The most striking thing about this gripping revival of The Homecoming, directed by Roger Michell, is that, after 32 years, people are still discussing what the play means.
Into the rather too grand house of William Dudley's set come Teddy and his wife Ruth. Teddy, a philosopher and academic, is returning unexpectedly to his working-class roots after a six-year absence.
His widower father, Max, a butcher, presides over an all-male household inhabited by his other sons - Lenny, a sharp operator in the vice trade, and Joey a boxer - and the housewifely Uncle Sam.
Except when relationships are established between the brutal Max (played with wiry aggression by David Bradley) and the stay-at-homes in the early scenes, the characters do not respond to each other like real people. Ruth (an ice-cold Lindsay Duncan) makes herself available to all the other men, while Teddy (Keith Allen, credibly caught between classes) looks on unmoved. Uncle Sam drops dead and his corpse is treated as no more than an untidy heap on the carpet. If these are not naturalistic characters, what is their function?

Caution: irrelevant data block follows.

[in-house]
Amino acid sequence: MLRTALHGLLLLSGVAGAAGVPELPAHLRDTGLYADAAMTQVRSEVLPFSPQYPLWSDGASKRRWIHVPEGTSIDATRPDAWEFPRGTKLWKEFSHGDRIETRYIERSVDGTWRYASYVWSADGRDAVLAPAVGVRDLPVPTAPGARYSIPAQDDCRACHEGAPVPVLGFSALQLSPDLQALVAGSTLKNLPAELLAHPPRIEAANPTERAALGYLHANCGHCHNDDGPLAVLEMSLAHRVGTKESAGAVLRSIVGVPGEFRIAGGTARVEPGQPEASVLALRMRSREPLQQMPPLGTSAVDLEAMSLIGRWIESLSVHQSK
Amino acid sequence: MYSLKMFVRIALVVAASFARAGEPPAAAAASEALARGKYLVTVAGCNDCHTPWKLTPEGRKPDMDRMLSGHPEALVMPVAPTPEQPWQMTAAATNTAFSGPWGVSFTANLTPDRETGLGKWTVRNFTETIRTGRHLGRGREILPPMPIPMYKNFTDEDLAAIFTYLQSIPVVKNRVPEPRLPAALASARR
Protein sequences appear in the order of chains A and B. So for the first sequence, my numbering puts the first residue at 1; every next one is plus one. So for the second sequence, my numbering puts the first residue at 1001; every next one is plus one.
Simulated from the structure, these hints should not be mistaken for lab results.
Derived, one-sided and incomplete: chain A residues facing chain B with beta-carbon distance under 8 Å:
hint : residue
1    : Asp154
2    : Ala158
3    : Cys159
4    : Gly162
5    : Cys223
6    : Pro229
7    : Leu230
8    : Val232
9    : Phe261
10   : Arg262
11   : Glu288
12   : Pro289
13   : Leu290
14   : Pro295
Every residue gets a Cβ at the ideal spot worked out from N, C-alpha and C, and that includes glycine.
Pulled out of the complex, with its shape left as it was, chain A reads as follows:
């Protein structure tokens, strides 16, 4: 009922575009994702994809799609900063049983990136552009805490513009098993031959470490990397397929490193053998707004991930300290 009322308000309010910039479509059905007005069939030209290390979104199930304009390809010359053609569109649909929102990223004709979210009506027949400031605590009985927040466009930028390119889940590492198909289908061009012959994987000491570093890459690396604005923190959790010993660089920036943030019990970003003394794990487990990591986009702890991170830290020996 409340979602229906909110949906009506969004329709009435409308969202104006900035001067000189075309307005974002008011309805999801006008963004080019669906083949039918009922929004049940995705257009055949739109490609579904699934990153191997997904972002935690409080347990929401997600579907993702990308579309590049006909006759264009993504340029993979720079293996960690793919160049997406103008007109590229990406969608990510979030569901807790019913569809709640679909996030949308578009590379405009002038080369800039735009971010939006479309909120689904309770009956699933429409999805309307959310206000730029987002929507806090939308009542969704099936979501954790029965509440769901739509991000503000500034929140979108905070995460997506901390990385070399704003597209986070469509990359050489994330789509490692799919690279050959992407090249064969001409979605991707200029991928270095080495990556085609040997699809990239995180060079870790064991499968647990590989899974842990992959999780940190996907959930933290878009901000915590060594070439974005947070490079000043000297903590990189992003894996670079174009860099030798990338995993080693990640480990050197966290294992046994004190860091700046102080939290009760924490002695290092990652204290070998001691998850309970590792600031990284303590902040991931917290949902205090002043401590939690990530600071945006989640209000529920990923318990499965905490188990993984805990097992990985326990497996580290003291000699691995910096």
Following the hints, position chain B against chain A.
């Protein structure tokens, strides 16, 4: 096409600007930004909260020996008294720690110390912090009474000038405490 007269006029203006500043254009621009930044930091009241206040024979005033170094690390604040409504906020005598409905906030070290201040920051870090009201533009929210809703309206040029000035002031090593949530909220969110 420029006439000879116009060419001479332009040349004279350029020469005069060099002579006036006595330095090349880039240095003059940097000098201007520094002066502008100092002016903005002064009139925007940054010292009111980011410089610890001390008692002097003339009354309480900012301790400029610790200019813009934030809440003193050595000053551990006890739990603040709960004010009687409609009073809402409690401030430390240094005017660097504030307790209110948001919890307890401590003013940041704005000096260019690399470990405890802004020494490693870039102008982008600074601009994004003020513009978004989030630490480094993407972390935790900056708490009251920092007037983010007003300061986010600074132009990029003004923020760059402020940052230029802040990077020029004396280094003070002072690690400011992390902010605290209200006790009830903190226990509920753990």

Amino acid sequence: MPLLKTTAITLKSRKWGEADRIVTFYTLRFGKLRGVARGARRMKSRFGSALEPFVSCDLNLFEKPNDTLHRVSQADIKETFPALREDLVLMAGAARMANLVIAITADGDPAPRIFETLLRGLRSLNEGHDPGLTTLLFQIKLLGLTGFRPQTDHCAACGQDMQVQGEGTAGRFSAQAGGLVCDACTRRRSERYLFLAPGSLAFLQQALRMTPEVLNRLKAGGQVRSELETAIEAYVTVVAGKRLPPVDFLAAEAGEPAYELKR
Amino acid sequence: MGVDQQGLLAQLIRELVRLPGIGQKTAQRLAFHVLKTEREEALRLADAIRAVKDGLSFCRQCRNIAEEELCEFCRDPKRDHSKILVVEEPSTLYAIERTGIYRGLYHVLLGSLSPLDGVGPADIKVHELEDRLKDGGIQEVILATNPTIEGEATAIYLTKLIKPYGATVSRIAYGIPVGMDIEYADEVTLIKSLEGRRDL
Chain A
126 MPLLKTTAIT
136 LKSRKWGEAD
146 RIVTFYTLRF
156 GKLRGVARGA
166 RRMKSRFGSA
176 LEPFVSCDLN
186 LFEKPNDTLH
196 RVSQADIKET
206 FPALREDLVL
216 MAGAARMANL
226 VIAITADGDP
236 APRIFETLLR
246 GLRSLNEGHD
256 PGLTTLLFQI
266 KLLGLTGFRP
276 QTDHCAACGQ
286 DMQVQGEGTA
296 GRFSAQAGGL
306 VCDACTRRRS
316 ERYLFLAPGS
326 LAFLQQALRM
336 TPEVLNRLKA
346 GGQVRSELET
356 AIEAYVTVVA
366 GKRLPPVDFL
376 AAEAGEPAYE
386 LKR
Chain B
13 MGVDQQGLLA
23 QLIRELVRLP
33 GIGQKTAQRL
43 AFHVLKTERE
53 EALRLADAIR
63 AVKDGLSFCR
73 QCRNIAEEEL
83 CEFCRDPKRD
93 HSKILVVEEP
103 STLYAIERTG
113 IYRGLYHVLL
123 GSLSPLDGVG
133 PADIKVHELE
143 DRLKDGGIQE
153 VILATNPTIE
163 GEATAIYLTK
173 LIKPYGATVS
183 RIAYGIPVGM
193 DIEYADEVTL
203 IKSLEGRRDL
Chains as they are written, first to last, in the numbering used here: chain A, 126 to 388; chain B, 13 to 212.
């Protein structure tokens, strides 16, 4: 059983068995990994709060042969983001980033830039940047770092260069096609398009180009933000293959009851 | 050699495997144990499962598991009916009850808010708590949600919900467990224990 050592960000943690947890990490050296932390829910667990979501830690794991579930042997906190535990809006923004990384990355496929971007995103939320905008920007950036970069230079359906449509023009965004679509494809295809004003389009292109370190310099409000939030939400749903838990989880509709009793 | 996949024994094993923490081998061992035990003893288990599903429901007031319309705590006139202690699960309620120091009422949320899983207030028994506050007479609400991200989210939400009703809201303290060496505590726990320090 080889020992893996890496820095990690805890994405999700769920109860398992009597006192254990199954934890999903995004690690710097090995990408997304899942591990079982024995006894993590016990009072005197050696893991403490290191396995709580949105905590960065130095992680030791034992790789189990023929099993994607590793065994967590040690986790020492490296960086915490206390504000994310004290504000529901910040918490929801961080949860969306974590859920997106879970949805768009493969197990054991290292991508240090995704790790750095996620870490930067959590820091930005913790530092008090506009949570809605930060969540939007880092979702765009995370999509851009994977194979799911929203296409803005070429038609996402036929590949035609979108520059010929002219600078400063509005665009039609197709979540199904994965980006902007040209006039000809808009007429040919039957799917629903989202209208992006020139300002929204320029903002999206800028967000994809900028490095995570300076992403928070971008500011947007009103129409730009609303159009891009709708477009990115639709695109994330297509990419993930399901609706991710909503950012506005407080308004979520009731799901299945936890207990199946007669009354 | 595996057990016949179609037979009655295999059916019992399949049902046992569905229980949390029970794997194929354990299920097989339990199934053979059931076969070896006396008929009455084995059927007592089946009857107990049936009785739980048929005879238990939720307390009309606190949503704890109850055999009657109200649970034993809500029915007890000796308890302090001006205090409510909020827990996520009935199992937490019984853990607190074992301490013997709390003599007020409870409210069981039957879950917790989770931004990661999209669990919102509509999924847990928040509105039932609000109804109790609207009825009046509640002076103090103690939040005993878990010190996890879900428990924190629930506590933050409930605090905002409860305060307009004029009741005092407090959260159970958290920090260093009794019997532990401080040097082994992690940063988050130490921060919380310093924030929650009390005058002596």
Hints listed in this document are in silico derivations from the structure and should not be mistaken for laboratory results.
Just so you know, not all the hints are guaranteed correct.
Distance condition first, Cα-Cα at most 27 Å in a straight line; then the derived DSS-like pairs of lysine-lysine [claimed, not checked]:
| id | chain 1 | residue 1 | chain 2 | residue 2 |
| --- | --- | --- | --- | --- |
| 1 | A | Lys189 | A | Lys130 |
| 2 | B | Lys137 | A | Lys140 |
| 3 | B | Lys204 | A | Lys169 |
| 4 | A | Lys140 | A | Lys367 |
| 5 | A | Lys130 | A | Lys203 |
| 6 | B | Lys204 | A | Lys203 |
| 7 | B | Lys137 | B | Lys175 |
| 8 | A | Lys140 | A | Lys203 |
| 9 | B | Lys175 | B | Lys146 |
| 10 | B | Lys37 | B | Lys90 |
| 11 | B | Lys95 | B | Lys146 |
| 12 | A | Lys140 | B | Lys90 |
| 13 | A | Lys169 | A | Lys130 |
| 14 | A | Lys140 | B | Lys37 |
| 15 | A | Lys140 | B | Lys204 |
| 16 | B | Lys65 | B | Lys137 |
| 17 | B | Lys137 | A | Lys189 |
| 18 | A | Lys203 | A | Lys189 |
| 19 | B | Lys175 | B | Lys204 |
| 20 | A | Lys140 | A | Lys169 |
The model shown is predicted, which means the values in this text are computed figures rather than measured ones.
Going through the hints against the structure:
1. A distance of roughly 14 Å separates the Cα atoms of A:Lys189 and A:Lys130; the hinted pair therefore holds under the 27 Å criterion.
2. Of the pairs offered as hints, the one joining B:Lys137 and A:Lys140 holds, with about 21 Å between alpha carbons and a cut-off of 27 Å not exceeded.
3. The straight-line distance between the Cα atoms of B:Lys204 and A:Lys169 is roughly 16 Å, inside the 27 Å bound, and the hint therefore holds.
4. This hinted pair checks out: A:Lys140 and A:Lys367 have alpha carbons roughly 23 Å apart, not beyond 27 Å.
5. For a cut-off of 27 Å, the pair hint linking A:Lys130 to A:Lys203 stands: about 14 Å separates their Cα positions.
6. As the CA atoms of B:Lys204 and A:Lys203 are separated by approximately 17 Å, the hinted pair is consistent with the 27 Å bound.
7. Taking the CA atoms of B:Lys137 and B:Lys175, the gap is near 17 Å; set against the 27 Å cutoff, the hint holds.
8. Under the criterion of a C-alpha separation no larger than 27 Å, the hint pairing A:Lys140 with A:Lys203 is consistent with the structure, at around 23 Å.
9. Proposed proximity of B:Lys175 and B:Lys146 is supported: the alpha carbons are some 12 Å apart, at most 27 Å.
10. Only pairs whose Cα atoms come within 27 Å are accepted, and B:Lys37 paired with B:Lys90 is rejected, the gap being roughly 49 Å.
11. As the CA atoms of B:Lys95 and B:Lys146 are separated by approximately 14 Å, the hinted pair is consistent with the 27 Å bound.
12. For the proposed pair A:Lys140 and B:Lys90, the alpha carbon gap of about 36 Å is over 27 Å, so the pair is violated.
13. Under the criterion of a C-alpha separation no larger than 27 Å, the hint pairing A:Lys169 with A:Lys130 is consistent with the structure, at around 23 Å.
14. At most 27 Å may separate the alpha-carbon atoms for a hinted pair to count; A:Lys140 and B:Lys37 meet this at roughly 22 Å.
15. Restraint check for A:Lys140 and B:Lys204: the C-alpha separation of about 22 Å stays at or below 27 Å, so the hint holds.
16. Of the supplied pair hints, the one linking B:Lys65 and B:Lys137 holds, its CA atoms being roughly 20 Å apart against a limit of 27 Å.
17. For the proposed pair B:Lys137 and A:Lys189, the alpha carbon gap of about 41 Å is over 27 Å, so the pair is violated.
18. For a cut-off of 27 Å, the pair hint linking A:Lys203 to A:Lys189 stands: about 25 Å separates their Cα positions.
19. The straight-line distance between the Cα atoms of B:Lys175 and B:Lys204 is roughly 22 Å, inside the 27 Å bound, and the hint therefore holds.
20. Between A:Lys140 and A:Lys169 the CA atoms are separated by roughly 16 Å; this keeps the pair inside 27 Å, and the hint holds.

In 1965, a generation was able to go to university for the first time: education put up unexpected barriers within families. Women were tasting sexual freedom. Ruth chooses to return to her old life as a prostitute, but stipulates house rules to her advantage.
She seems to have the upper hand. This has been called a feminist work yet Ruth has merely "chosen" to fulfil the crudest male fantasy, a combination of blow-up doll and housework robot.
Ruth is not the only paradox. Teddy is an unlikely philosopher, while Lenny, the pimp, has a clear grasp of Descartes. No one shows emotion, except Joey, who should be all aggression.
Social dislocation, family breakdown, unpredictable behaviour and friction associated with gender and class differences are as current in the Nineties as they were in 1965.
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